We need to hold officers accountable. I don’t care about what is the base, minimum legal standard. Legal doesn’t equal moral; legal standards are not moral standards. This is about accountability for misconduct and mistakes. In every other profession, if you make a mistake, even in “good judgment,” you are not given a medal or protected for it, you faces consequences. Koval has shown no value or sympathy of the loss of life his officers have caused. Why are Koval and other police officers so fragile in response to those asking for accountability? Why are police the only profession beyond reproach?

Koval has clearly shown time and time again that he can’t handle anything that criticizes his officers. He stands behind them no matter what, just as he sits behind his blog at night, spewing threats to the Madison Common Council. Behavior that is similar to many late night Internet basement commenters deciding to go off on a tirade, six-fingers deep into some whiskey.

Koval keeps passing the buck. He won’t take responsibility for any life lost at the hands of his officers and he won’t take any responsibility for the ridiculous arrest disparities in this city.

What is more disturbing are residents of this city defending Kenny, believing Tony deserved to die because he ate hallucinogenic mushrooms. That if he didn’t want to die, he shouldn’t have done that. Again, doing drugs should not be a death sentence. How many of these same people believe that those suffering from the mainly white heroin epidemic going on deserve death? Deserve no humanity? Deserve the harshest punishment for their actions?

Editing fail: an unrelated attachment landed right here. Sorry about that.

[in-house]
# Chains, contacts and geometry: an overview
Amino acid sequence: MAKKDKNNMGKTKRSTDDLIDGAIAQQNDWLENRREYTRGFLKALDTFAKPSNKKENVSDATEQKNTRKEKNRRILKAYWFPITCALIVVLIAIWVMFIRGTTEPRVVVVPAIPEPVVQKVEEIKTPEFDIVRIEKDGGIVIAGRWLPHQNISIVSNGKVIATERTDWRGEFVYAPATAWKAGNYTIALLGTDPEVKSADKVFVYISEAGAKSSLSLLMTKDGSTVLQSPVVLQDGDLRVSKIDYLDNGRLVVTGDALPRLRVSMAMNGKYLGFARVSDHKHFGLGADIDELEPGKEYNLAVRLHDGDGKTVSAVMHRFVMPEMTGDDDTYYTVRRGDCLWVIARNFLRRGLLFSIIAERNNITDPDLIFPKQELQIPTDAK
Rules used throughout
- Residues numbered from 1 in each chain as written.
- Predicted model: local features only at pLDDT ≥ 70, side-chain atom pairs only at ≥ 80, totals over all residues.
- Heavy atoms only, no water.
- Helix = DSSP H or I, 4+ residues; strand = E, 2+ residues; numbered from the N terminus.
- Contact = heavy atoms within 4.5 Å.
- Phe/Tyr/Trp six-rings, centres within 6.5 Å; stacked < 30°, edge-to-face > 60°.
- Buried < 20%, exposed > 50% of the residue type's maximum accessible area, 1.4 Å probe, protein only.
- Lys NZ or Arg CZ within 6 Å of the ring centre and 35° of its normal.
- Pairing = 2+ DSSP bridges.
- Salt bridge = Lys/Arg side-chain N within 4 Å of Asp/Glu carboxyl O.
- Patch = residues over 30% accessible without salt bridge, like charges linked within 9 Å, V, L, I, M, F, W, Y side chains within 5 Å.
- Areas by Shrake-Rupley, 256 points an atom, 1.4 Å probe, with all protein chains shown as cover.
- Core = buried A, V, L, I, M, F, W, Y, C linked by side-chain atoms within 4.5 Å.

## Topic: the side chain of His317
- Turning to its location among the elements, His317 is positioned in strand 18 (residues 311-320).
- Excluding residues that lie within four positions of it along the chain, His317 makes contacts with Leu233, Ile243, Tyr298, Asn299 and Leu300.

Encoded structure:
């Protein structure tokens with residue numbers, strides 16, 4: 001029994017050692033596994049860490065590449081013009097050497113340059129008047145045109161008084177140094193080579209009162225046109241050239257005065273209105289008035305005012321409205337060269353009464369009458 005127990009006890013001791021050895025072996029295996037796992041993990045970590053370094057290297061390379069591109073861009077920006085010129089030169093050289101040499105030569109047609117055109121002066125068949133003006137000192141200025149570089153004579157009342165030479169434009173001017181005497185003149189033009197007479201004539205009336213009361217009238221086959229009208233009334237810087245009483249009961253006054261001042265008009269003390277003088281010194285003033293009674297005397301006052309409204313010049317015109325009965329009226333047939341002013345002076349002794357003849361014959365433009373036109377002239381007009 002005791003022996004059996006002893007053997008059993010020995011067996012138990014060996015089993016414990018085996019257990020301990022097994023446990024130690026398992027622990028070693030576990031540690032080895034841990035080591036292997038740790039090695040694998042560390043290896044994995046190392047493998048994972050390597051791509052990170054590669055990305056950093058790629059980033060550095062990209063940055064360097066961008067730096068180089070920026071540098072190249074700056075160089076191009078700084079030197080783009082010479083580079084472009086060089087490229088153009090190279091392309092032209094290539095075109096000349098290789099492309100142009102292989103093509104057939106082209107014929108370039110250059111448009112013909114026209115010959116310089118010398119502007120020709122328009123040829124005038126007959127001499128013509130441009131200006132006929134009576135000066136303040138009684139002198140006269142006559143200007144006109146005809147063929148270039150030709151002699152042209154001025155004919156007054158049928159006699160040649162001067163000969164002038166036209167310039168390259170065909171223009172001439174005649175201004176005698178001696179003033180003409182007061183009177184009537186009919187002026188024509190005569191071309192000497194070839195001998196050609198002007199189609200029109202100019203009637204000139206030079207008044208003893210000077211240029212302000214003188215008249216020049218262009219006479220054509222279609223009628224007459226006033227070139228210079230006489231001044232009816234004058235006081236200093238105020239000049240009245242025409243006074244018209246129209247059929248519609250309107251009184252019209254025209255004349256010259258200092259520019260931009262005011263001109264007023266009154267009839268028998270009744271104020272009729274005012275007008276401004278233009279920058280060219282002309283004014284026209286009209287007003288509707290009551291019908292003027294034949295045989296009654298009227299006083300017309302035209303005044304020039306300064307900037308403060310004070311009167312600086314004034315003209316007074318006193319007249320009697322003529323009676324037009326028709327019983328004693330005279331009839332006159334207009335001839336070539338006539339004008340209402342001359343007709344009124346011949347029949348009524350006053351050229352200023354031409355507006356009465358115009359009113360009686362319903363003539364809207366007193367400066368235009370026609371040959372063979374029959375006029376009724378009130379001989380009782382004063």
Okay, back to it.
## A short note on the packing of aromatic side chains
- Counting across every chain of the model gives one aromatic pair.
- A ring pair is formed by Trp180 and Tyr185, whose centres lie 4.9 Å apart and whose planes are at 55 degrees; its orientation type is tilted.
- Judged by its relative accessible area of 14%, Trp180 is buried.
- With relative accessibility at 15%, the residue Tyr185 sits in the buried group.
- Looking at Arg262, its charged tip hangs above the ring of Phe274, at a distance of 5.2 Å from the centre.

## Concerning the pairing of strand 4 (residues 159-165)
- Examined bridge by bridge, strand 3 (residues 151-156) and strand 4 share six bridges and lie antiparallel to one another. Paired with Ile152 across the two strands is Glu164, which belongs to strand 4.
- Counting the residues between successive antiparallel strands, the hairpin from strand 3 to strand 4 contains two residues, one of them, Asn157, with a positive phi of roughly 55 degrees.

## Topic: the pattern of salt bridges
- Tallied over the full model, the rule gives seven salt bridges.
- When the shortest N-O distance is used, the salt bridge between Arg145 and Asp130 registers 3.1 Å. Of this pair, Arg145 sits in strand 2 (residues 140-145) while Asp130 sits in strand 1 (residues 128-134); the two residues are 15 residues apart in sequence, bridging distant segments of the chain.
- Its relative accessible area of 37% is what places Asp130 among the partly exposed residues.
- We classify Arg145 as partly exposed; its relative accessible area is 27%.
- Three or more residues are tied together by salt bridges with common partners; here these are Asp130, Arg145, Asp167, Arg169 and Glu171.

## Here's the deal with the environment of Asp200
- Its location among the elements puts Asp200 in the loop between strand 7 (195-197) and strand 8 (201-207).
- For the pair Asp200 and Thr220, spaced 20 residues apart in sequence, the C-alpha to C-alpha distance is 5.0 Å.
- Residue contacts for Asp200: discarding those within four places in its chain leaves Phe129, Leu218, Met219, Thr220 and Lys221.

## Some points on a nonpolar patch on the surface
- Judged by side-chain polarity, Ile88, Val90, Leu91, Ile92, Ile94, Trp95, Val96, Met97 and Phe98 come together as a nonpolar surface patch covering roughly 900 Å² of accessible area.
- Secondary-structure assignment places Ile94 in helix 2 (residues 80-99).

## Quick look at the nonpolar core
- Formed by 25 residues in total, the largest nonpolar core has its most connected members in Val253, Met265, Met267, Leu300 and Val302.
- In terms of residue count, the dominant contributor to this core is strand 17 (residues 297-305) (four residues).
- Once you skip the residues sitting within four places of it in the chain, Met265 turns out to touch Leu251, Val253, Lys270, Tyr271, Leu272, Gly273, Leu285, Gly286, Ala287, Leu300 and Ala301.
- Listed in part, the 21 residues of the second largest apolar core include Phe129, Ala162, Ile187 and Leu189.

The twisting and turning for them to justify Tony Robinson’s death is disgusting. They should ask themselves why they must justify this death and why they don’t believe that Robinson should have been awarded a life mistake as many of them have made and as many white students make on campus every single night, and as many heroin addicts make every day?

No, the blame lies squarely on an officer, who responded to a known mental health call, without backup, who decided to enter the premises on false pretences, and then be fearful of a black man in front of him and decided against the protection of life, but indulged in his own deep, implicit, fear of the black boogie man.

Through all of this, Koval has continued to show he is unfit for his position as police chief. Through all of this, this city has shown that it is not ready to face its deep-seated racism, as the fragility of many of the residents is apparent and some leaders have shown cowardice. As they show the inability to reconcile themselves with the violence that they are OK with, that officers can kill, that we should punish the homeless, that it is OK to kill someone in a mental health crisis, and that we set our black kids up for failure and poverty. Social violence is still violence.

To the Robinson family, you deserve so much more than $3.35 million. You deserve your loving son, brother, cousin, grandson, and friend. You deserve everything this city has stolen from you. You deserve peace, and may God smile upon you one day and grant you the peace your are missing. And because of the violence, this city has brought upon you, may you find a new city with the paltry amount given to you and attempt to rebuild. For those that care, our hearts go to you.